In 1985, the DOE gave President Reagan a choice of six potential sites. Reagan picked three for further study: in the states of Washington, Texas and Nevada.

The three sites were Hanford, WashingtonDeaf Smith County, Texas; and Yucca Mountain.

Then in 1987, Congress approved amended the Nuclear Waste Policy Act, also known as the “Screw Nevada Bill,” in which the DOE was to concentrate solely on Yucca Mountain as the national site.

The bill amended the Nuclear Waste Policy Act to say that if Yucca Mountain is ever found unsuitable, then the DOE would find a new storage site.

In 1987, Congress  and directed DOE to study only Yucca Mountain, which is already located within a former nuclear test site. The Act provided that if during Site Characterization the Yucca Mountain location is found unsuitable, studies will be stopped immediately.

The Department of Energy was to begin accepting spent fuel at the Yucca Mountain Repository by January 31, 1998 but did not do so because of a series of delays due to legal challenges, concerns over how to transport nuclear waste to the facility, and political pressures resulting in underfunding of the construction.

In the 2008 Omnibus Spending Bill, the Yucca Mountain Project’s budget was reduced to $390 million. Despite this cut in funding, the project was able to reallocate resources and delay transportation expenditures to complete the License Application for submission on June 3, 2008.

Lacking an operating repository, however, the federal government owes to the utilities somewhere between $300 and $500 million per year in compensation for failing to comply with the contract it signed to take the spent nuclear fuel by 1998.

In March 2005, the Energy and Interior departments revealed that several U.S. Geological Survey hydrologists had exchanged e-mails discussing possible falsification of quality assurance documents on water infiltration research.

On February 17, 2006, the Department of Energy’s Office of Civilian Radioactive Waste Management (OCRWM) released a report confirming the technical soundness of infiltration modeling work performed by U.S. Geological Survey (USGS) employees.

In March 2006, the U.S. Senate Committee on Environment and Public Works Majority Staff issued a 25 page white paper “Yucca Mountain: The Most Studied Real Estate on the Planet.”

The conclusions were:


  • Extensive studies consistently show Yucca Mountain to be a sound site for nuclear waste disposal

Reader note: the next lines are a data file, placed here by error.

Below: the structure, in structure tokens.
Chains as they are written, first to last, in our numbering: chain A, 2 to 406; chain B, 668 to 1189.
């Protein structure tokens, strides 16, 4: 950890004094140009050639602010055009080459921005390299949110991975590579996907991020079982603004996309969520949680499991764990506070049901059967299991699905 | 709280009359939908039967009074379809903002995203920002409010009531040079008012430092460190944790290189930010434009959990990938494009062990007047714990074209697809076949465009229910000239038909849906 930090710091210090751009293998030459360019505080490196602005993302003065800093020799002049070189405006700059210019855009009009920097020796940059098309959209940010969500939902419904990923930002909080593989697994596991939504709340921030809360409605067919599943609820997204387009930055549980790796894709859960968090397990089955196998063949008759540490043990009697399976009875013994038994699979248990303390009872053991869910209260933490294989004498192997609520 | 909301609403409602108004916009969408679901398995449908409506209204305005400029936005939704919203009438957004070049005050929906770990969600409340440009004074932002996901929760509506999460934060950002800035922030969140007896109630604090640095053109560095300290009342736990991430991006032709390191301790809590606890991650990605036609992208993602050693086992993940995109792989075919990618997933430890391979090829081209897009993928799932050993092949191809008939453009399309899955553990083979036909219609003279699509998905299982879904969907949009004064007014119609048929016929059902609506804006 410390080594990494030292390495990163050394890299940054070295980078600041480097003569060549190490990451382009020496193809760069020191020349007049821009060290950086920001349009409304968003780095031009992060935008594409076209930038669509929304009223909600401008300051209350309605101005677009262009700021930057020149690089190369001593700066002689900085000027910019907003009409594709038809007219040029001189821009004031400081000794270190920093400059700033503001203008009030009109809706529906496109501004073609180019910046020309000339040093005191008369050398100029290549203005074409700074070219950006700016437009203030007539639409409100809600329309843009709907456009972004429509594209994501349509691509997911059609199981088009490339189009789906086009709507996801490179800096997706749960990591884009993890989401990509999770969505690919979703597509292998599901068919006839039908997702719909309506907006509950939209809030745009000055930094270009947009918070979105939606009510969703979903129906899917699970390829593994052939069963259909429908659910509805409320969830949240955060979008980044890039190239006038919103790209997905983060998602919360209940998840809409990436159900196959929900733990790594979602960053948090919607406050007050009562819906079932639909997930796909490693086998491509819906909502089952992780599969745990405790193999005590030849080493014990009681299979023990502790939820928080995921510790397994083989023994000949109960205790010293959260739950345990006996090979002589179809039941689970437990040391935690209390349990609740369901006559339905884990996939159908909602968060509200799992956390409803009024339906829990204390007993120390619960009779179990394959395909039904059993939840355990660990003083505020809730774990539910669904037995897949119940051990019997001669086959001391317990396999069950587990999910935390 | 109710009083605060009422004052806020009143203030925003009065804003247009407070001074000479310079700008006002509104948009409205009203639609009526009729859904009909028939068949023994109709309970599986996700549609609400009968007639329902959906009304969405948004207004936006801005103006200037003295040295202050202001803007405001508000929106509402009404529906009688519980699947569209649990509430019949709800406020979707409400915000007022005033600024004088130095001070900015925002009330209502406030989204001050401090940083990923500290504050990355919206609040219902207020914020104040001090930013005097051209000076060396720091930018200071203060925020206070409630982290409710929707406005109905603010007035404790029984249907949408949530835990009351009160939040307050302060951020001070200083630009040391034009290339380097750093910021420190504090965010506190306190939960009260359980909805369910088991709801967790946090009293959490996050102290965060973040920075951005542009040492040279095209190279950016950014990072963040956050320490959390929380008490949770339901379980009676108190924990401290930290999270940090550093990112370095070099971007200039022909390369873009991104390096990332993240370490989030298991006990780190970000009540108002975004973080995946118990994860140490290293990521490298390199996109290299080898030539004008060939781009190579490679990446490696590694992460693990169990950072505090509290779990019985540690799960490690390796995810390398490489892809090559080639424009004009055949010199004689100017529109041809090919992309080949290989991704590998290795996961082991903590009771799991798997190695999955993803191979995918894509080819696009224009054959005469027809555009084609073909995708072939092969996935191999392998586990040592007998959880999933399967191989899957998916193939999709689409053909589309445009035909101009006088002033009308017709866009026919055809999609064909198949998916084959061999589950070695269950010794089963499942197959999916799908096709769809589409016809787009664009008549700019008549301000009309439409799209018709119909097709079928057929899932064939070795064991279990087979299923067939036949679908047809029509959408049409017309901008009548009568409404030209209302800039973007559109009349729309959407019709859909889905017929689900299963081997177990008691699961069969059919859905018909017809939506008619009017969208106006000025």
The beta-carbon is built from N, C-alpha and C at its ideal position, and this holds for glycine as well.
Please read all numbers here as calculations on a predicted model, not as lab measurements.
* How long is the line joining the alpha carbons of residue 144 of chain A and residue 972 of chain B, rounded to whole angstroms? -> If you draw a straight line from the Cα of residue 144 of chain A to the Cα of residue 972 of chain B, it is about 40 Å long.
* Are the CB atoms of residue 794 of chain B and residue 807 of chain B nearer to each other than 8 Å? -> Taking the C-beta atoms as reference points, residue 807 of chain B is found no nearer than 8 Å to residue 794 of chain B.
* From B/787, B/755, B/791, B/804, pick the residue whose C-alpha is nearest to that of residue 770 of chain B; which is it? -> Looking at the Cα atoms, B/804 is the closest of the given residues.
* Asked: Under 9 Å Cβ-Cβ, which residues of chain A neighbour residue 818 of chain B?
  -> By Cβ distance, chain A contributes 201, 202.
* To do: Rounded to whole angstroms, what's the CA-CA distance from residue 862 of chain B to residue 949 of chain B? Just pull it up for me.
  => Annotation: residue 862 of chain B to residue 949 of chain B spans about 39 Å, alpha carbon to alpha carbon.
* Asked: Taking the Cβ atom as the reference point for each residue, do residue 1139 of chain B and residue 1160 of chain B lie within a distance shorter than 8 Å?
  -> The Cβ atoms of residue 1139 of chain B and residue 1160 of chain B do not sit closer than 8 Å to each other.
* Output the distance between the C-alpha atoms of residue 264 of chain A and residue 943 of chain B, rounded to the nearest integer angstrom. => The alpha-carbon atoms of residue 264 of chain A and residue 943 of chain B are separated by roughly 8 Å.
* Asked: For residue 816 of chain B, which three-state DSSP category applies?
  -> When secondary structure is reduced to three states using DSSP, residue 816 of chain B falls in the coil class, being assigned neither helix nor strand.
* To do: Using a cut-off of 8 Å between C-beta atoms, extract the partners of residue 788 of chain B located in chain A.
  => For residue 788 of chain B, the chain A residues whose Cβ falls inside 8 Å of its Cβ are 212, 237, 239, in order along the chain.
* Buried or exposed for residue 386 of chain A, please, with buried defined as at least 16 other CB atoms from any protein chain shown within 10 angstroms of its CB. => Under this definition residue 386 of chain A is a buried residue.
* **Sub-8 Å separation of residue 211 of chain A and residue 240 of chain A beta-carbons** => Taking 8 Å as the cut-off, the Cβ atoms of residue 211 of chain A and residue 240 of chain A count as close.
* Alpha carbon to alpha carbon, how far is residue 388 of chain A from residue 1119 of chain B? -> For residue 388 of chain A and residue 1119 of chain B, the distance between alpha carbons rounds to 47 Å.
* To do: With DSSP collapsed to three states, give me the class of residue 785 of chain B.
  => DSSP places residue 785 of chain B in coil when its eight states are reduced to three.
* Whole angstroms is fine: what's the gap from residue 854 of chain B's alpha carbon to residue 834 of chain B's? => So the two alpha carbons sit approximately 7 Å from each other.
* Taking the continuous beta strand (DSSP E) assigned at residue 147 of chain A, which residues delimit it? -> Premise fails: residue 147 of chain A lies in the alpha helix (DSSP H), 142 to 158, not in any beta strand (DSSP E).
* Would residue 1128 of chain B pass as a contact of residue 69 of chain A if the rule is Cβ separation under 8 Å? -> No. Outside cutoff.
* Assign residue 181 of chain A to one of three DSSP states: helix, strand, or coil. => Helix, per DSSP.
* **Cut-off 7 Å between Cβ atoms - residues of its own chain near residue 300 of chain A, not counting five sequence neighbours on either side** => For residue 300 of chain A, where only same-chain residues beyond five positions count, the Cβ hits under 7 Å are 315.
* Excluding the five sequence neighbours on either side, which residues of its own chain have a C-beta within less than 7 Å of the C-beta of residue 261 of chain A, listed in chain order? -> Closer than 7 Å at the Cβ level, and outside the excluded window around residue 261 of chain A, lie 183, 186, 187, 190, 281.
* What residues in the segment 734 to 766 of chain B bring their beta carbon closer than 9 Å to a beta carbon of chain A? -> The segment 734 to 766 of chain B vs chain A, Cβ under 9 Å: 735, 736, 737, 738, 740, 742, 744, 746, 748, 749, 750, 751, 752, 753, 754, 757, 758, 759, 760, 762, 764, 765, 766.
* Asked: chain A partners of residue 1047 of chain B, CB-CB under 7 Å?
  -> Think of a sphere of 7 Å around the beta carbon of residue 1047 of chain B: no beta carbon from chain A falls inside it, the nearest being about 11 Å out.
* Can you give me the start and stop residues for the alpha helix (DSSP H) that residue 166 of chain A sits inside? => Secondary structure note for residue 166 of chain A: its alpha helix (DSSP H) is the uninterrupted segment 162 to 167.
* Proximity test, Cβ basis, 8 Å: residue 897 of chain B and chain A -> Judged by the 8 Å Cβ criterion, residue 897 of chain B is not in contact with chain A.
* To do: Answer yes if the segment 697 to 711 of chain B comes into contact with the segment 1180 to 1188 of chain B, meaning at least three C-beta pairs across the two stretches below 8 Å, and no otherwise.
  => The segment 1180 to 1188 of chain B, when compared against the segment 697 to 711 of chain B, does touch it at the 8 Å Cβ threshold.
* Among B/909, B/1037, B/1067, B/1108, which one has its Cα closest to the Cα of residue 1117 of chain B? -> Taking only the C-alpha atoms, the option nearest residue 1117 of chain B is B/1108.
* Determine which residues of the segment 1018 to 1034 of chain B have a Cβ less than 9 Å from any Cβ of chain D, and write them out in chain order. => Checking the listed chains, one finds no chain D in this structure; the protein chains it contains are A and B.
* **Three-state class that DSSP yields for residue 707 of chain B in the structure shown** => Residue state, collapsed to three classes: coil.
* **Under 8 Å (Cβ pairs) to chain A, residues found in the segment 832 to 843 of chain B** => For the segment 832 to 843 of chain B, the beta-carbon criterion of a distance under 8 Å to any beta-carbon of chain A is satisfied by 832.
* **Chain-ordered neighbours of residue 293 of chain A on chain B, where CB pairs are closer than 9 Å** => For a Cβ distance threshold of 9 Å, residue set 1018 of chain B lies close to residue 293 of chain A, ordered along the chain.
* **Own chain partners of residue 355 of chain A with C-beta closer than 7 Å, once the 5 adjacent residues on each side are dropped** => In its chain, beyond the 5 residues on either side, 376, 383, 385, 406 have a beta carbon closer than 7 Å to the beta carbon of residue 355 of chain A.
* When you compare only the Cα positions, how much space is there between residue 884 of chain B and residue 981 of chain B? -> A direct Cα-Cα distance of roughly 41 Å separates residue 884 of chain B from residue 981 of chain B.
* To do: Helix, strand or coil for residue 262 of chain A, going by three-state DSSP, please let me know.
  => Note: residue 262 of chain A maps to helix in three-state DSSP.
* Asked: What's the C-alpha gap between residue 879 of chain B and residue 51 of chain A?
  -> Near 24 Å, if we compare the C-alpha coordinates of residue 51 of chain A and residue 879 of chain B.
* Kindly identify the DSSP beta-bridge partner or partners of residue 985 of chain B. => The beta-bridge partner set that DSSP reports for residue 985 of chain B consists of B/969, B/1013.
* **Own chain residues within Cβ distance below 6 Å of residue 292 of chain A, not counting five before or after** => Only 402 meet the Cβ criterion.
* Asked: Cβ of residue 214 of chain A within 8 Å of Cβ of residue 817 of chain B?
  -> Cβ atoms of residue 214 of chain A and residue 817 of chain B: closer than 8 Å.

• The cost of not moving forward is extremely high
  • Nuclear waste disposal capability is an environmental imperative
  • Nuclear waste disposal capability supports national security
  • Demand for new nuclear plants also demands disposal capability

In May 2009, Secretary Steven Chu stated:

“Yucca Mountain as a repository is off the table. What we’re going to be doing is saying, let’s step back. We realize that we know a lot more today than we did 25 or 30 years ago.

The NRC is saying that the dry cask storage at current sites would be safe for many decades, so that gives us time to figure out what we should do for a long-term strategy. We will be assembling a blue-ribbon panel to look at the issue.

We’re looking at reactors that have a high-energy neutron spectrum that can actually allow you to burn down the long-lived actinide waste.

These are fast-neutron reactors. There’s others: a resurgence of hybrid solutions of fusion fission where the fusion would impart not only energy, but again creates high-energy neutrons that can burn down the long-lived actinides. …

“Some of the waste is already vitrified. There is, in my mind, no economical reason why you would ever think of pulling it back into a potential fuel cycle. So one could well imagine—again, it depends on what the blue-ribbon panel says—one could well imagine that for a certain classification for a certain type of waste, you don’t want to have access to it anymore, so that means you could use different sites than Yucca Mountain, such as salt domes.

Once you put it in there, the salt oozes around it. These are geologically stable for a 50 to 100 million year time scale. The trouble with those type of places for repositories is you don’t have access to it anymore.

But say for certain types of waste you don’t want to have access to it anymore—that’s good. It’s a very natural containment. …whereas there would be other waste where you say it has some inherent value, let’s keep it around for a hundred years, two hundred years, because there’s a high likelihood we’ll come back to it and want to recover that.

“So the real thing is, let’s get some really wise heads together and figure out how you want to deal with the interim and long-term storage. Yucca was supposed to be everything to everybody, and I think, knowing what we know today, there’s going to have to be several regional areas.”